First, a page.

12. 12. 1.5d Background: Reverse Engineering Course Basics of Code Analysis <ul><li>General: differential analysis : comparing infected vs. uninfected code </li></ul><ul><li>16-bit/W32 code : Disassembly (mostly: Sourcer) separation of code/data, library functions, documentation of code, ... </li></ul><ul><li>Macro code : specialised decompiler (or „manual“ work) </li></ul><ul><ul><li>Macro viruses/worms exist in source (VBA) AND p-code </li></ul></ul><ul><ul><li> Analysis must adress BOTH VBA and p-code </li></ul></ul><ul><ul><li>VBA : „hi-level language“ easy to understand (and reprogram  ) </li></ul></ul><ul><ul><li>p-code : generating source code with editor </li></ul></ul><ul><ul><ul><li>Remark: several viruses may reconstruct deleted source code from p code </li></ul></ul></ul><ul><li>Script code : specialised decompiler, mostly „manual“ work </li></ul><ul><ul><li>Problem: VBS may deeply influence MS-W32 system system structures; therefore, good system knowledge is required </li></ul></ul>
  13. 13. 1.5e Background: Reverse Engineering Course: Dynamic and Static Analysis: Understanding Camouflage <ul><li>Self-protection of Malware against Detection: </li></ul><ul><ul><li>Hiding interactions : e.g. replacement of interrupts </li></ul></ul><ul><ul><li>Self-encrypting malware : </li></ul></ul><ul><ul><ul><li>Many viruses self-encrypt, with the decryption routine often </li></ul></ul></ul><ul><ul><li>Oligo- and Polymorphic (Obfuscated) Code : </li></ul></ul><ul><ul><ul><li>Change static layout of code by changing sequence of code (e.g. sequence of loading registers before procedure invocation) where semantic is not affected </li></ul></ul></ul><ul><ul><ul><li>Oligomorphic code : few different variations of code (same effect) </li></ul></ul></ul><ul><ul><ul><li>Polymorphic code : many different instantiations of code (same effect) </li></ul></ul></ul><ul><ul><ul><li>Problem : malware „signatures“ are combinations of static codes (combined with AND, OR, NOT and woWildcards) to help identifying viruses and distinguish different „variants“ </li></ul></ul></ul><ul><ul><ul><li>Such code requires specific detection routines (scanning process slowed) </li></ul></ul></ul>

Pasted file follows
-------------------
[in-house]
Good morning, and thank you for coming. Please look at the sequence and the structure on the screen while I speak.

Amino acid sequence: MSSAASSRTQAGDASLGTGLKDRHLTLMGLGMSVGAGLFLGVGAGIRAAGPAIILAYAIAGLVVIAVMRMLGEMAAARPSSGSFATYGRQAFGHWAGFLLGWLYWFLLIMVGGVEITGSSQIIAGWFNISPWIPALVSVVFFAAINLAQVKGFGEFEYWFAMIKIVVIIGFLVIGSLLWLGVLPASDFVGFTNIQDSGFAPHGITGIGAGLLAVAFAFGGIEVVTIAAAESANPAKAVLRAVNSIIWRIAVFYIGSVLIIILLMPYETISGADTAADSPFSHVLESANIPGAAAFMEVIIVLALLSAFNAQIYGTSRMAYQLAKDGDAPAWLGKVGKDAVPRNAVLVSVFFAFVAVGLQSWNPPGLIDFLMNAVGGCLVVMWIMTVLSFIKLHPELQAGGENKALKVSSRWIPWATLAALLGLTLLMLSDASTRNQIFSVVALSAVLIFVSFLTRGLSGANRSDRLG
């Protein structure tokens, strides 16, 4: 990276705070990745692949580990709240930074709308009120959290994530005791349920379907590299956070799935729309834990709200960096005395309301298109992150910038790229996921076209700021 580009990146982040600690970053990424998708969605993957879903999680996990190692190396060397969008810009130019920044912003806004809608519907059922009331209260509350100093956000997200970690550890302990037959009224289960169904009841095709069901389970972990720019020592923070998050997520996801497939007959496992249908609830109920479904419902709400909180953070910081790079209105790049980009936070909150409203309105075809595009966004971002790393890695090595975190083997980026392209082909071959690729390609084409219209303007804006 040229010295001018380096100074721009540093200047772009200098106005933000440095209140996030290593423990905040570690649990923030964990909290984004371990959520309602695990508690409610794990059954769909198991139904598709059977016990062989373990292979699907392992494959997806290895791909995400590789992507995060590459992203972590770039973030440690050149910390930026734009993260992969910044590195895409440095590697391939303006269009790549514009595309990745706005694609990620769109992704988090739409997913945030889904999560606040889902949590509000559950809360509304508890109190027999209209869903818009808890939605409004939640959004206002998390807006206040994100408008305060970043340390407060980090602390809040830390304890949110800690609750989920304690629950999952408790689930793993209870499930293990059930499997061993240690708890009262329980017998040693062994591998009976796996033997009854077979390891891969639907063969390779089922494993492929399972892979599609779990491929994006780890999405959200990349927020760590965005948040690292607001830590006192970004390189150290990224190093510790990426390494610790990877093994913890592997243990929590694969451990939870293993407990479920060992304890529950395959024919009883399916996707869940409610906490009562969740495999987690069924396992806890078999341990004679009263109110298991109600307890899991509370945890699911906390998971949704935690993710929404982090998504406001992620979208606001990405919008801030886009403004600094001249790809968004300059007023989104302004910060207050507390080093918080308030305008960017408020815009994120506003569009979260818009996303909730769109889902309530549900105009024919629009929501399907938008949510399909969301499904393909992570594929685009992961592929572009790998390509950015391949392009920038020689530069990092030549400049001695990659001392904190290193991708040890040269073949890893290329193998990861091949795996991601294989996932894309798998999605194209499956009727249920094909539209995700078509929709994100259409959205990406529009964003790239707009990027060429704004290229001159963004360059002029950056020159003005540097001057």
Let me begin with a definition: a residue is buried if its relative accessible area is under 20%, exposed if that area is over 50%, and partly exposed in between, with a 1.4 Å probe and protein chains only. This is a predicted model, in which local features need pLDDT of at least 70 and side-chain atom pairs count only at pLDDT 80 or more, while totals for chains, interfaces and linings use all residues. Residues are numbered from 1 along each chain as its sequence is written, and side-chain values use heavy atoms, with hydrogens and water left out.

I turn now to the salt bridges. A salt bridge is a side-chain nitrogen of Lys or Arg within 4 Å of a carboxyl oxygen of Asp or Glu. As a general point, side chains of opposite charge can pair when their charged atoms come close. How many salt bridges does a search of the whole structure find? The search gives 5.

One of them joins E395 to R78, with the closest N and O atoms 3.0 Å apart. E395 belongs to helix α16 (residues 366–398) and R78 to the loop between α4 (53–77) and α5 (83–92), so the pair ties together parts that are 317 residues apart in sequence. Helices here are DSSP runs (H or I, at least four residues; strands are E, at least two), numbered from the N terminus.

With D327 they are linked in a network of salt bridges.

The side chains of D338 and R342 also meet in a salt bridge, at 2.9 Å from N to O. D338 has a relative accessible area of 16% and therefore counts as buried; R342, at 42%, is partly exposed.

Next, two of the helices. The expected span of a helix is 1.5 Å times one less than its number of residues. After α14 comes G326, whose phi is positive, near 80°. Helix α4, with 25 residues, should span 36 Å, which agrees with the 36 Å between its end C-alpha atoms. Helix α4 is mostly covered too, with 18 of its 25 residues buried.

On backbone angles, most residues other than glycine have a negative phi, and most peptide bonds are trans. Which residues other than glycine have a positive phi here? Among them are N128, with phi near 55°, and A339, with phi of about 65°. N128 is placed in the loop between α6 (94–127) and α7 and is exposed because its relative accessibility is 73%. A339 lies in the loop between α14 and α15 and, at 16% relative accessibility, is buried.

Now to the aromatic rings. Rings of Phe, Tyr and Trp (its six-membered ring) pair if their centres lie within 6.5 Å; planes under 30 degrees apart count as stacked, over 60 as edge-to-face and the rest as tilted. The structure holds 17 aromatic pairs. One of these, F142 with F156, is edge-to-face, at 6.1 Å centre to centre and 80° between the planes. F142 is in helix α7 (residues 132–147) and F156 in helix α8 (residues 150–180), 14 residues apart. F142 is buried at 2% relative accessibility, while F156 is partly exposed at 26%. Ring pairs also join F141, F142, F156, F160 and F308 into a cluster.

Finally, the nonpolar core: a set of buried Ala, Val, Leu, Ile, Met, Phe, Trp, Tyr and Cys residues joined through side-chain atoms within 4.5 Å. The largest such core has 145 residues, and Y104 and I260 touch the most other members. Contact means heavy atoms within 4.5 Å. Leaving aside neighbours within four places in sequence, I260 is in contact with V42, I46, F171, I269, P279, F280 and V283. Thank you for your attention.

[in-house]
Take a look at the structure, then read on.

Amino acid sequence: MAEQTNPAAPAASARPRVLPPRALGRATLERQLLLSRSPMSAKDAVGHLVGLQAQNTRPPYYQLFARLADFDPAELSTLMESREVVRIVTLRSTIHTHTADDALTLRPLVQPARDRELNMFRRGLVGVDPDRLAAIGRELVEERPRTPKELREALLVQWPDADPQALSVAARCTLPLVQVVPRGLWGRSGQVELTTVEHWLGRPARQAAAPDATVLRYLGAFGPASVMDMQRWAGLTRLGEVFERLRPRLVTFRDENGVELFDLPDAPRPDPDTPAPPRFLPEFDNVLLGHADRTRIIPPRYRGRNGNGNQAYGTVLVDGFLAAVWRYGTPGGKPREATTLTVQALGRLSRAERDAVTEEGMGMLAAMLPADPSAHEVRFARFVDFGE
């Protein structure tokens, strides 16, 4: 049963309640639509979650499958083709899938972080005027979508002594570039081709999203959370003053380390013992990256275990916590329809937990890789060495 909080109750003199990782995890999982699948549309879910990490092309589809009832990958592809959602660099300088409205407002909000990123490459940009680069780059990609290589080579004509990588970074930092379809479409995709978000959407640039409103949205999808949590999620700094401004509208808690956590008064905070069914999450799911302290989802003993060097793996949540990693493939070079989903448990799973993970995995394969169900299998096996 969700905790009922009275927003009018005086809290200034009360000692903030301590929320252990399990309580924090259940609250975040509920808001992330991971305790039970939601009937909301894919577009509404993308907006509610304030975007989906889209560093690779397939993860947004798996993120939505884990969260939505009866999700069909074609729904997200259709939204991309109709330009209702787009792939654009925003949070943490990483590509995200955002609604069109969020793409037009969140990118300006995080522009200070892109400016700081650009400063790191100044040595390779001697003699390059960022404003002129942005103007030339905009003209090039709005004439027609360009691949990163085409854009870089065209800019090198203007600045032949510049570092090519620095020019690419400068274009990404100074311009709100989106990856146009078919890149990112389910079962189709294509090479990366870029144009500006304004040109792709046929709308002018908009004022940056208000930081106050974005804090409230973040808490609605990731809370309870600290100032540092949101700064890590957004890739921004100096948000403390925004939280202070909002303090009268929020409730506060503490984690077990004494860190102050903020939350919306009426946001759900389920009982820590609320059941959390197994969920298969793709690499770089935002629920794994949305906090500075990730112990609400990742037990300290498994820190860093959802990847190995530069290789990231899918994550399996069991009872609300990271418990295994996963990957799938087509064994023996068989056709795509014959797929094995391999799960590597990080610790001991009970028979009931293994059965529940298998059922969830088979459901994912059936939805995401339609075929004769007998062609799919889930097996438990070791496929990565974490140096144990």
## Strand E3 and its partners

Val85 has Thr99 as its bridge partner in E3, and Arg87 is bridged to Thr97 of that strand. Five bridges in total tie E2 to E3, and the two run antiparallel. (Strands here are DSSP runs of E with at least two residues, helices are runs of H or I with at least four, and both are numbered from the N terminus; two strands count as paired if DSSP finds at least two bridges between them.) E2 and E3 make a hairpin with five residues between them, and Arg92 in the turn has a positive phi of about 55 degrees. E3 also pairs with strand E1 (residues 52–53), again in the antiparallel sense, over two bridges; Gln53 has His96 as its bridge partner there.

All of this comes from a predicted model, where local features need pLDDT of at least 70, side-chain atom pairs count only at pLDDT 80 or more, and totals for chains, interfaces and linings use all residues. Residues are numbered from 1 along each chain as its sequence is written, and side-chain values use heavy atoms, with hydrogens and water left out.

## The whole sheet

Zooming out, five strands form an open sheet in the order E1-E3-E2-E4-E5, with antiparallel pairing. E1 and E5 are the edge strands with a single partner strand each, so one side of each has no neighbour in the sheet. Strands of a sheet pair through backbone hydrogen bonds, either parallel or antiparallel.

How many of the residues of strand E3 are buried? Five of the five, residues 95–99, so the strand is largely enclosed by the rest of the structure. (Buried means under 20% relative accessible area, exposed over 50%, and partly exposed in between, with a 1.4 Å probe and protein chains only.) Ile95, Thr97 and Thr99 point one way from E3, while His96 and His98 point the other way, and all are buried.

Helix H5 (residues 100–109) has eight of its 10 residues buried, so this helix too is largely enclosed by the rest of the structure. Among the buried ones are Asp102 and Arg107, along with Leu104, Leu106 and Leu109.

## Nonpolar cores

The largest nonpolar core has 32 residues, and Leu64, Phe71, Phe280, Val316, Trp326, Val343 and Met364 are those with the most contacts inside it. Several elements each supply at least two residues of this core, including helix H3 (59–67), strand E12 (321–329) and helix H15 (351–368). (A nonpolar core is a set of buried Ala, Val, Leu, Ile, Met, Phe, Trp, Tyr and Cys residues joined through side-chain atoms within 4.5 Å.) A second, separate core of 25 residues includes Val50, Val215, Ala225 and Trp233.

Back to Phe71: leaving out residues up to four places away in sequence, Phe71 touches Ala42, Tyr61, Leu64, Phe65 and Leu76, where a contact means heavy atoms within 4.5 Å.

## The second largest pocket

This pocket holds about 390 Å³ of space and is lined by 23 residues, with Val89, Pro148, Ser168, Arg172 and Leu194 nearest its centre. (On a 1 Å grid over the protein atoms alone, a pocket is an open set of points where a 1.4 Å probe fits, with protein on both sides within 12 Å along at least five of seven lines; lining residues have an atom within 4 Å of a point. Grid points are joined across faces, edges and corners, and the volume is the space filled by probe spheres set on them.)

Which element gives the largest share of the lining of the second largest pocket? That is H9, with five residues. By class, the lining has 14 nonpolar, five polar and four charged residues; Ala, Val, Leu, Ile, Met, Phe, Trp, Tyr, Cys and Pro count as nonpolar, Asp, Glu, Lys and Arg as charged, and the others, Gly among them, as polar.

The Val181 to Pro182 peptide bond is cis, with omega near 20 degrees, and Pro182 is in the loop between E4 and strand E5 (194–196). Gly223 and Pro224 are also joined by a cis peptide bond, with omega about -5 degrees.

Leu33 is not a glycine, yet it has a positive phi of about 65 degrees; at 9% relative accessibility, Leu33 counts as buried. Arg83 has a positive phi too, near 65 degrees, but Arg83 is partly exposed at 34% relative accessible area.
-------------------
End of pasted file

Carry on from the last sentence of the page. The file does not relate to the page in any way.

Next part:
14. 14. 1.6 Background: Hamburg´s IT Security Curricula <ul><li>Additional Lectures on : </li></ul><ul><li>Mathematicals Cryptography (Prof. Kudlek), Data Protection etc. </li></ul><ul><li>Seminar on: „Actual Problems of IT Security and Safety“ </li></ul><ul><li>(every semester) </li></ul><ul><li>Practice in Reverse Engineering </li></ul><ul><li>Virus Test Center : practical student work with malware/tests </li></ul><ul><li>Other labs: biometrics systems, secure chipcards </li></ul><ul><li>Examination Work: about 100 diplom/master thesis </li></ul><ul><li>Dissertation Works : e.g. Vesselin Bontchev on Viruses, </li></ul><ul><li>KlausPeter Kossakowski: Principles of Incident Response Systems </li></ul><ul><li>Morton Swimmer (2005): new about new AV methods </li></ul>